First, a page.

Iraq Marshes Mending, But Full Recovery Uncertain, Stud

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When Hussein's regime fell, most of the 75,000 refugees who fled the marshes returned to live near them, according to the report.

But the condition of the marshes made it nearly impossible for the Ma'adan to resume a life dependent on fishing and raising water buffalo.

"It has been a harsh life for these people," Richardson said.

"When you go there, you quickly see that these people are extremely poor, isolated, without electricity, without education, and without access to medical care. They're living the way they've lived for thousands of years."

Fares Howari is a professor of geology at the United Arab Emirates University in Al Ain who was not involved with the report.

"The United Nations has declared this area one of the world's greatest environmental disasters," Howari said.

Richardson and Hussain's report, he said, "is a very interesting article trying to document the recovery process of these marshes."

Eden Again

Restoration efforts have made some progress in revitalizing the region, as noted by the new data Richardson and Hussain collected.

In 2003 local farmers began blowing up dikes and earthen dams to release water back into the marshes.

Within a year of reflooding, species recovery began. Small invertebrates, fish, and bird species all began returning, though in much reduced numbers.

Rare bird species like the marbled teal and the Basrah reed warbler, thought close to extinction, apparently survived the wetlands' destruction—both were spotted in a 2005 census.

Within two years about 39 percent of the destroyed marshes had standing water, and vegetation was growing at a rate of 300 square miles (800 square kilometers) a year.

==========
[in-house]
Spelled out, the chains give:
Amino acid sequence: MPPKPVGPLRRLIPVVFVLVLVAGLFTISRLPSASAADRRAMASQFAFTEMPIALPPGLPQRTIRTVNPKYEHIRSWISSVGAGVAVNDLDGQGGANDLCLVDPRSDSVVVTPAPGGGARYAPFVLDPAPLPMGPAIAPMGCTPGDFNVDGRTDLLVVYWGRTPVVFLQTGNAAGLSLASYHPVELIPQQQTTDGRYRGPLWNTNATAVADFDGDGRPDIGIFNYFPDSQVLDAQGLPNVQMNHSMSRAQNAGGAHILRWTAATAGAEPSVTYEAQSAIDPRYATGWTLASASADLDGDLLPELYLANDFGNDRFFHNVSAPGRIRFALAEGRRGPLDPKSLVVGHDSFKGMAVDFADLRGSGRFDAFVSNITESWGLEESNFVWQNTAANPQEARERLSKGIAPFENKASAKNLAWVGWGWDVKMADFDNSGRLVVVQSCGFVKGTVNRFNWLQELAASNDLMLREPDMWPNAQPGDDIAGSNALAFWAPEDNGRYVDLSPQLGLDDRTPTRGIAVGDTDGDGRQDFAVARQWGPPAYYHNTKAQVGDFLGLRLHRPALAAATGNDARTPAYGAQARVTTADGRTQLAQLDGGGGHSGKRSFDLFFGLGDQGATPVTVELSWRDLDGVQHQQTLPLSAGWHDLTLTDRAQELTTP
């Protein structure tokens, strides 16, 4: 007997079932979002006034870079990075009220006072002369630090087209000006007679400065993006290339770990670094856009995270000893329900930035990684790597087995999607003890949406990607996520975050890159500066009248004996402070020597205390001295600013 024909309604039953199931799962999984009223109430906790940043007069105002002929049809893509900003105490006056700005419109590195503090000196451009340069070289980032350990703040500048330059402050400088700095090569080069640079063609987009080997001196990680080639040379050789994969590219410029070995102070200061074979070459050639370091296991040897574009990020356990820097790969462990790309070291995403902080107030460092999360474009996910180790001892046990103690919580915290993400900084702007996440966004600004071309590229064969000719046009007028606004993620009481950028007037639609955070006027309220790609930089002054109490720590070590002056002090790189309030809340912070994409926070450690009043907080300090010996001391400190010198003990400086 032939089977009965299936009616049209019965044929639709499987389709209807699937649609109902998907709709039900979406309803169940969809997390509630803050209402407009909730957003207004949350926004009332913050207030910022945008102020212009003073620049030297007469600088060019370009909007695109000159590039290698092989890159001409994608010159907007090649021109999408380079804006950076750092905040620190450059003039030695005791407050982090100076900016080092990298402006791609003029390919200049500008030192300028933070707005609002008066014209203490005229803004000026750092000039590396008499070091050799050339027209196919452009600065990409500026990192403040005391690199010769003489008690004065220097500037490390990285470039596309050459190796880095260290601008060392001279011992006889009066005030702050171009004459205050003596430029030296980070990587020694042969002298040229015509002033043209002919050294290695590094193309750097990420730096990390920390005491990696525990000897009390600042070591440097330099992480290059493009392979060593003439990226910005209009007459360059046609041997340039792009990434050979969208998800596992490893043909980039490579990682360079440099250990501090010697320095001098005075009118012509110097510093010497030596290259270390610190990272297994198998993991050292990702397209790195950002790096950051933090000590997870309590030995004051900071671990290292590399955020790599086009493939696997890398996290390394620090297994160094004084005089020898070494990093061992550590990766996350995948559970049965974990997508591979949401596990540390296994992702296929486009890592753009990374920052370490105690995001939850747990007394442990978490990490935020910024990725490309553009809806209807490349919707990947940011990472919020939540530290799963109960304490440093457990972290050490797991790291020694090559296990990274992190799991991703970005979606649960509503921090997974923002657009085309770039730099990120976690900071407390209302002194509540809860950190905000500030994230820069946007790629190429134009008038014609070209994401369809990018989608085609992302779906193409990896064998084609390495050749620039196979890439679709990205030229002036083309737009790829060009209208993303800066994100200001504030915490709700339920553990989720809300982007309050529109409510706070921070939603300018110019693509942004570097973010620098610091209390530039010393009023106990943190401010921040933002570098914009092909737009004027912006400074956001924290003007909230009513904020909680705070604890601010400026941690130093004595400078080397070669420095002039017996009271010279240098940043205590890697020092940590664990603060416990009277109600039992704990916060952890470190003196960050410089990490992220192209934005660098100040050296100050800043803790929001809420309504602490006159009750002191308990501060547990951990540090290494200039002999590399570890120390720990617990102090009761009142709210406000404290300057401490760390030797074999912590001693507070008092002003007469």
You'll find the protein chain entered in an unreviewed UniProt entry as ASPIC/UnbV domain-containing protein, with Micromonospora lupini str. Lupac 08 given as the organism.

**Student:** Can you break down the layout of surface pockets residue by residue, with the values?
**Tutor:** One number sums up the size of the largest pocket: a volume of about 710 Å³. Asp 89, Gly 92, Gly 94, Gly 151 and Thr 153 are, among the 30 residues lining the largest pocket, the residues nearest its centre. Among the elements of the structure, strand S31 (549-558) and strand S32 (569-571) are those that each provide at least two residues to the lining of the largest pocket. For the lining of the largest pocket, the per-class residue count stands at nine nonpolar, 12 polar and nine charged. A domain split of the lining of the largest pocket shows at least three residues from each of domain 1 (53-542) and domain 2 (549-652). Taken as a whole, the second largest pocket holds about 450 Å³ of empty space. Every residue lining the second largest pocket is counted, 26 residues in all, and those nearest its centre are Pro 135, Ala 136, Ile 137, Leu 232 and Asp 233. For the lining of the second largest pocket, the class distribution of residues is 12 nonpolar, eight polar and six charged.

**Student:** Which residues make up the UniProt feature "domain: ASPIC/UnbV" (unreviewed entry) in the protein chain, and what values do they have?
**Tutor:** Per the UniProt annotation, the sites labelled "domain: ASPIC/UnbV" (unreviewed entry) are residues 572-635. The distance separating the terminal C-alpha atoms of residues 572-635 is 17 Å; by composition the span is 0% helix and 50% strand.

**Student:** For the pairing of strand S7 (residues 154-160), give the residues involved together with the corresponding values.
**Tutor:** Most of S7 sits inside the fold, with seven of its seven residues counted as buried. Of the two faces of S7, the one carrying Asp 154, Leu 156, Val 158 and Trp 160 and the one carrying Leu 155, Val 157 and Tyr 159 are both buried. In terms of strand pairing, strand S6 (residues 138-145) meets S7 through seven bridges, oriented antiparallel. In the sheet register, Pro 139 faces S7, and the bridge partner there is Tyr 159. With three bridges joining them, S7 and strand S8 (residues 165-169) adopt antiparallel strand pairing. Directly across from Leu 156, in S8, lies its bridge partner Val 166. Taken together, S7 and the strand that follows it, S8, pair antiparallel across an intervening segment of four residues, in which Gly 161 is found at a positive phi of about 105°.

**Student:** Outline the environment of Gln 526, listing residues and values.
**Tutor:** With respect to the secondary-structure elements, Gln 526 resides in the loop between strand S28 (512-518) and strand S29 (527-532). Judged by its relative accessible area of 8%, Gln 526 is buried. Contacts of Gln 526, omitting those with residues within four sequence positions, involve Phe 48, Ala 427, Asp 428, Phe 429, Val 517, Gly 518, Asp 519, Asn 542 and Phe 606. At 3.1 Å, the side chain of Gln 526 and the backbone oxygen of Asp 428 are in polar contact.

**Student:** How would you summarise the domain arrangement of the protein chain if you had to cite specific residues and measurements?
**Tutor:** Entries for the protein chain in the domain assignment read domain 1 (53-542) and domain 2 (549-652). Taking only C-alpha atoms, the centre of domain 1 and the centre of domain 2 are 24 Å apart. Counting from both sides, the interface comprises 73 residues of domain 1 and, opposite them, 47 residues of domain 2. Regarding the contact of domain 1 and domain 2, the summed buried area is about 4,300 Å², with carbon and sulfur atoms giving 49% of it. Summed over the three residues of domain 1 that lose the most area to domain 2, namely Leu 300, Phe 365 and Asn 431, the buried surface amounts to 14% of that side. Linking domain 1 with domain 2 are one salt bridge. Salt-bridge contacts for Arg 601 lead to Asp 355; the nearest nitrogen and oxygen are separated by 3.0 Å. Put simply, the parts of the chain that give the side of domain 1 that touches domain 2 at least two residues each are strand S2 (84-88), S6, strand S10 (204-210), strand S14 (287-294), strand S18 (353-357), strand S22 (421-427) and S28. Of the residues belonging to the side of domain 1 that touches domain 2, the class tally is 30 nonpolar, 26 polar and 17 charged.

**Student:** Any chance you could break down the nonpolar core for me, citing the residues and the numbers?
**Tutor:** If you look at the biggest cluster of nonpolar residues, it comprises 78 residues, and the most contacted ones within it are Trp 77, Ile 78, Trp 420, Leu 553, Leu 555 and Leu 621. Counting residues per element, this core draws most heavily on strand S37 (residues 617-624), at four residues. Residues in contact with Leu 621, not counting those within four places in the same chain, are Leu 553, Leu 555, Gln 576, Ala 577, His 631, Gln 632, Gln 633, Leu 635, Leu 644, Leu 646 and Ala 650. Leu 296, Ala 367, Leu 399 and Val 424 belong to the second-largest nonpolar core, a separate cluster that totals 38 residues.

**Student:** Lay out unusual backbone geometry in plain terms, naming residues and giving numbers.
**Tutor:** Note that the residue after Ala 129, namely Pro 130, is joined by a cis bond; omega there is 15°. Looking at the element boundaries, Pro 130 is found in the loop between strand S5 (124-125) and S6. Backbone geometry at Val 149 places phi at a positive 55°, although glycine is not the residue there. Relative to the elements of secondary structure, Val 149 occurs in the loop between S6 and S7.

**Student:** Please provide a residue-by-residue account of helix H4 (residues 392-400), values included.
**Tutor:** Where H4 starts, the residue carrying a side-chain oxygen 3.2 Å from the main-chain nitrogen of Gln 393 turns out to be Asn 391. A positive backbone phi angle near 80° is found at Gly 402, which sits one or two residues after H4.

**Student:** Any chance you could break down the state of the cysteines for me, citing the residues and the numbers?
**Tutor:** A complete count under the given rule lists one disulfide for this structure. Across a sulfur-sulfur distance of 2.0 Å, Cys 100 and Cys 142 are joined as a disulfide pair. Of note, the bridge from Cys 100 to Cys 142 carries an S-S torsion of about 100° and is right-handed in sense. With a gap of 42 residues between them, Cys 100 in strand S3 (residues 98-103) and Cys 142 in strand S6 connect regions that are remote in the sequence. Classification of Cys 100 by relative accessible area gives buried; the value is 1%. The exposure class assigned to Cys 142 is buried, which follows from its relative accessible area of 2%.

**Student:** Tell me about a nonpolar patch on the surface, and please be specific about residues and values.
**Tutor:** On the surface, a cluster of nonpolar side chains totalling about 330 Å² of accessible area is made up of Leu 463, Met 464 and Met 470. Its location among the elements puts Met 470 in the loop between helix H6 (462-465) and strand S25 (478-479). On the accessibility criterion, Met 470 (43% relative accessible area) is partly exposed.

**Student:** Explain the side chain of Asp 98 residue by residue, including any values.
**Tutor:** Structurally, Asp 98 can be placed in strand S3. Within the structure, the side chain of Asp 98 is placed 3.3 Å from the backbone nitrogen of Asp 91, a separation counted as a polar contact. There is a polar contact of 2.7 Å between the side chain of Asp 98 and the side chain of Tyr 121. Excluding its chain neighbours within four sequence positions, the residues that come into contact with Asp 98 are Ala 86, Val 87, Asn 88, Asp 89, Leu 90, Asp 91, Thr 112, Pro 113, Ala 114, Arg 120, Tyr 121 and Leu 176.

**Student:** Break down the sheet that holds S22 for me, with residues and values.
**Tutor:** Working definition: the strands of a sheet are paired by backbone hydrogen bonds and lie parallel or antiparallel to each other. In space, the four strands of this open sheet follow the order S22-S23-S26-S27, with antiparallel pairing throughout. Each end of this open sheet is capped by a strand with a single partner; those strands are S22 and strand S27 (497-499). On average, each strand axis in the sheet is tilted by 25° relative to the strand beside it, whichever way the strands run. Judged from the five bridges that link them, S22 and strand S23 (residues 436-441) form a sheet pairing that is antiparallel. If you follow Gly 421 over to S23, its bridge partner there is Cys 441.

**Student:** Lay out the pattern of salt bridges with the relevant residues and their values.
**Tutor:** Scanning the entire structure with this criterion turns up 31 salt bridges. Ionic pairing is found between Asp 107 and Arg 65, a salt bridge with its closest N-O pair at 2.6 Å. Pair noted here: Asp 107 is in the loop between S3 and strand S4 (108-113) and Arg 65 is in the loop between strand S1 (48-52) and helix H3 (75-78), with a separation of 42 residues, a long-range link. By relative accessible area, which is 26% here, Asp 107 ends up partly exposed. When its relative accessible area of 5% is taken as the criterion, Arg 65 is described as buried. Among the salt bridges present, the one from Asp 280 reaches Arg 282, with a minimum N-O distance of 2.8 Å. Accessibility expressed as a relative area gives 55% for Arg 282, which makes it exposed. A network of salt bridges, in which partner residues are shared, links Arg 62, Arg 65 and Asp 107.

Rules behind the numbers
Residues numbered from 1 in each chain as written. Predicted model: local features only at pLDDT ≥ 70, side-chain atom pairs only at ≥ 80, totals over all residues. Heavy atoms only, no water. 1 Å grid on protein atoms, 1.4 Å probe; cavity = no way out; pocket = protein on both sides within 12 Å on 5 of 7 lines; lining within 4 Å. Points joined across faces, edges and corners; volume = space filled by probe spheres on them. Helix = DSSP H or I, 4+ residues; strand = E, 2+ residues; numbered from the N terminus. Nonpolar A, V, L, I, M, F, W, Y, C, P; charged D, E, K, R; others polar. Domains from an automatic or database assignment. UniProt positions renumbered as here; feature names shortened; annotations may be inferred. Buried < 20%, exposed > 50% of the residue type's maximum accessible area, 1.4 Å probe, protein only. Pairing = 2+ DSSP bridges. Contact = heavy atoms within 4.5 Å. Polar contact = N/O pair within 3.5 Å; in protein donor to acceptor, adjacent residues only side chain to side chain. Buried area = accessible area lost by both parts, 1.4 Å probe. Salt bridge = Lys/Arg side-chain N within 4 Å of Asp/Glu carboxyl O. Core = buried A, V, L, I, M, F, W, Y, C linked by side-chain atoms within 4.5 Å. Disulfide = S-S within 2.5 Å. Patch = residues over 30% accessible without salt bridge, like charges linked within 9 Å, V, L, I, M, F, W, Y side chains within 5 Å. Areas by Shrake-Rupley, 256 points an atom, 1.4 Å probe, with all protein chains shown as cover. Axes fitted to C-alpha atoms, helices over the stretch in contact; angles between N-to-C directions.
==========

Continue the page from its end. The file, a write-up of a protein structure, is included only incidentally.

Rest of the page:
Recent overflows of the Tigris and Euphrates rivers are probably responsible for replenishing the marshes with even more seeds, insect larvae, and fish stocks, encouraging more birds to return, the report authors say.

Salinity in the three presently restored marshes seems to be at levels that will sustain freshwater fish. Analysis of the surface water shows no detectable pesticides or other pollutants.

Joy Zedler, a restoration ecologist at the University of Wisconsin in Madison who was not involved in the paper, is optimistic about the marshes' rehabilitation.

Zedler served on the Eden Again International Technical Advisory Panel, an international group of experts organized by the nonprofit Iraq Foundation to respond to the environmental disaster.

Cautious hope for the marshes' recovery turned to optimism "when people took charge and changed water flows that replenished desiccated wetlands far faster than we imagined possible," Zedler said.

"Perhaps we will never know what happened throughout these vast tortured lands. But we will have a glimpse of positive change and the hope that sufficient water of sufficient quality will sustain regional biodiversity."

Updating Agriculture

Not all the news is so promising. Reflooded soils are releasing toxins, such as hydrogen sulfide, from military ordnance. Land mines are littered throughout the marshes.

Also, report co-author Richardson says, vast areas of the marshes cannot be sustained as humans move back in unless new agricultural methods are adopted.

"Water usage is going up," he said, "and there will be a shortage, for sure, especially in the drought years.

"That's primarily true because the agricultural practices are ancient. They just pour water over the desert, which mostly evaporates and destroys the soil.

"They have to use modern drip agriculture, as they do in Saudi Arabia and Israel, because you can't afford to lose all that water. But that takes money, training, equipment."

Richardson is hopeful that the situation will improve, especially now that new government projects are underway.

"There have been training courses, putting in modern crops like alfalfa, training the farmers, bringing in new seed sources, improving animal husbandry," he said.

"But the amount of money [being spent on marsh restoration] is less than a hundred million [U.S.] dollars compared to hundreds of billions we've spent on the war and reconstruction."

Still, the progress so far, Richardson says, has been substantial. Restoration of significant portions of the marshes, though not all of them, is certainly within reach.

"It's come back so far, so quickly. I call it the miracle in the marsh."

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